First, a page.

Last night I emptied the contents of the refrigerator into baskets that are stored on the porch where daytime temps are still in refrigeration range and we are eating our way through the perishables. I'm keeping my fingers crossed that the food in the big freezer in the garage stays frozen. While I don't have anything like Lottie's quantities of food put by, there's an awful lot there to try and use up if it begins to thaw.

I'd planned to bring in the Christmas tree and start putting lights on it but of course that's a job that's easier to do if the lights are lit. Same with the lights on the trees outside, which I'd planned to do last weekend but it was raining too hard. Maybe I'll start wrapping presents instead.

In chicken news, someone laid an egg this morning! It's been over a month, what with molting, and cold, and dark, and some of the girls having gone into retirement. I guess they know what I have in mind for the week I'm off work after Christmas. That won't help the roosters, though. Five roos are four roos too many and I'm keen to try this recipe.

Sunday, December 10, 2006

Fun with Food

For a while now I've been occupied with getting rid of stuff around the house that takes up space without giving something in return. The pleasure of ownership is lost on me. I expect my "stuff" to have practical or asethetic value, or at least provide a decent orgasm. Currently I'm eying the cookbook shelves.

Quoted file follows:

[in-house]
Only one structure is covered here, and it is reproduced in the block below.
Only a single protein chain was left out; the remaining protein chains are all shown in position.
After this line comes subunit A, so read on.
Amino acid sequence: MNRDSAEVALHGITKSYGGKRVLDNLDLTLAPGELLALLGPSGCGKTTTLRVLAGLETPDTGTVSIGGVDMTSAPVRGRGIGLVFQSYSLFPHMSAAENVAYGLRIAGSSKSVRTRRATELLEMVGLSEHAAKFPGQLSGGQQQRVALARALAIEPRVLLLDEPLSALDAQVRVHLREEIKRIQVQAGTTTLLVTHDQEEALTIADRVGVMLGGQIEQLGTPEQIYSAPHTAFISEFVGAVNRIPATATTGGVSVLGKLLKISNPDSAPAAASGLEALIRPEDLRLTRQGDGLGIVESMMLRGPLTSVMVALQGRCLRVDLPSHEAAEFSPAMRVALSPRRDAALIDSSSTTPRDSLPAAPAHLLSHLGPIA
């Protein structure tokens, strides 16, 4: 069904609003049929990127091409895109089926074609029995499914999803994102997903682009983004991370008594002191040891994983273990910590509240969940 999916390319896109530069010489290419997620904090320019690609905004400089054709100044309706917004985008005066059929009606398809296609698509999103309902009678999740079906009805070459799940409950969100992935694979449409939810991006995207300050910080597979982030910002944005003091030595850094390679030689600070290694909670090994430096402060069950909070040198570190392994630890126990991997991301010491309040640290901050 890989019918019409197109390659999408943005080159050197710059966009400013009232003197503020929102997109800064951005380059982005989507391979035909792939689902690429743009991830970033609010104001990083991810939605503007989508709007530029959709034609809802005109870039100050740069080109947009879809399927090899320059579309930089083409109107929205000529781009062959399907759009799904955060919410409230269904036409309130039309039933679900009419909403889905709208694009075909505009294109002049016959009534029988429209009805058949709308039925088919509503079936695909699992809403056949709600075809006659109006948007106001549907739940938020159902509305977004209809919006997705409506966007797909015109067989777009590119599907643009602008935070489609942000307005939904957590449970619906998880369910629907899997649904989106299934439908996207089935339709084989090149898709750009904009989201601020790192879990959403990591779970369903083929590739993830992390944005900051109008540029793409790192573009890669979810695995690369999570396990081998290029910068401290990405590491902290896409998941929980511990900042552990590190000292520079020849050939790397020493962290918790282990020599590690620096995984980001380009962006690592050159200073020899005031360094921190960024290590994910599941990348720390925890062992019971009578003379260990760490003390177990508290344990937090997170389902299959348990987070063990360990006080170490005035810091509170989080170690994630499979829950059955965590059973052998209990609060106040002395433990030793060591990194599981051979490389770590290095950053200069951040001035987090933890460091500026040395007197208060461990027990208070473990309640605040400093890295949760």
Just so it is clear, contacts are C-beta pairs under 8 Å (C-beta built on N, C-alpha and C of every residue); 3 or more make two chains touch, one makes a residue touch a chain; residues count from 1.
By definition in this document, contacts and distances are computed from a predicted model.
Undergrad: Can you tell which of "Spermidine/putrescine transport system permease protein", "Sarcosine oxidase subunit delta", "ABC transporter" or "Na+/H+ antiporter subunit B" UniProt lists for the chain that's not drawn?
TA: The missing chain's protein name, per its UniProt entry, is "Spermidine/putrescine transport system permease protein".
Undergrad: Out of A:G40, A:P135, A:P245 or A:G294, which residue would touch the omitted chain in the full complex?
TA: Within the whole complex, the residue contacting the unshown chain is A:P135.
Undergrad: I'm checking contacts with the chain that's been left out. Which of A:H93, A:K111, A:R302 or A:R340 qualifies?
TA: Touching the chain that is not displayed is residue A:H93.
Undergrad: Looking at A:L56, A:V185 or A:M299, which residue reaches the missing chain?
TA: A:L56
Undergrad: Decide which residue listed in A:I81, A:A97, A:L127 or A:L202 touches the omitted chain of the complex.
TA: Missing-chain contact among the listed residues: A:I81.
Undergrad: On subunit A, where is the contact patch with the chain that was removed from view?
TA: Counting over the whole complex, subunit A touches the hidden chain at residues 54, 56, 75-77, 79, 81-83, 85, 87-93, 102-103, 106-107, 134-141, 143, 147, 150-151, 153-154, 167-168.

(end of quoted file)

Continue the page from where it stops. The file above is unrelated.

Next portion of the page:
There are a handful of cookbooks I wouldn't part with for the world--anything by Deborah Madison or Julia Child, M.F.K. Fisher's The Cooking of Provincial France, (part of the Time Life Foods of the World series, from which I learned how to cook when I was in my 20's), Mrs. Chiang's Szechwan Cookbook. These books form the basis for my reputation as a decent cook. There are more that I could get rid of if I just copied the two or three recipes that I use into my personal recipe notebook. There are still more that I browse from time to time, either for a visual feast or as a form of armchair traveling, or to prepare for an actual journey by learning about regional specialties.

And then there are the other hundred or more that have ended up in my posession (I didn't buy them!) that I will never use--glossy works designed to promote use of certain products (The Spam Cookbook, The Tang Cookbook, The Spry Cookbook, The Joys of Jello) and cookbooks published by the Junior League, the Young Republicans, the DAR, the Bird Island St. Mary's Catholic Church Missionary Society. Cousin Judy's Better than Sex cake, Mrs. Murchistan's Easy Holiday Salad, and Duck a l'orange made with powered Tang are good for laughs. Once.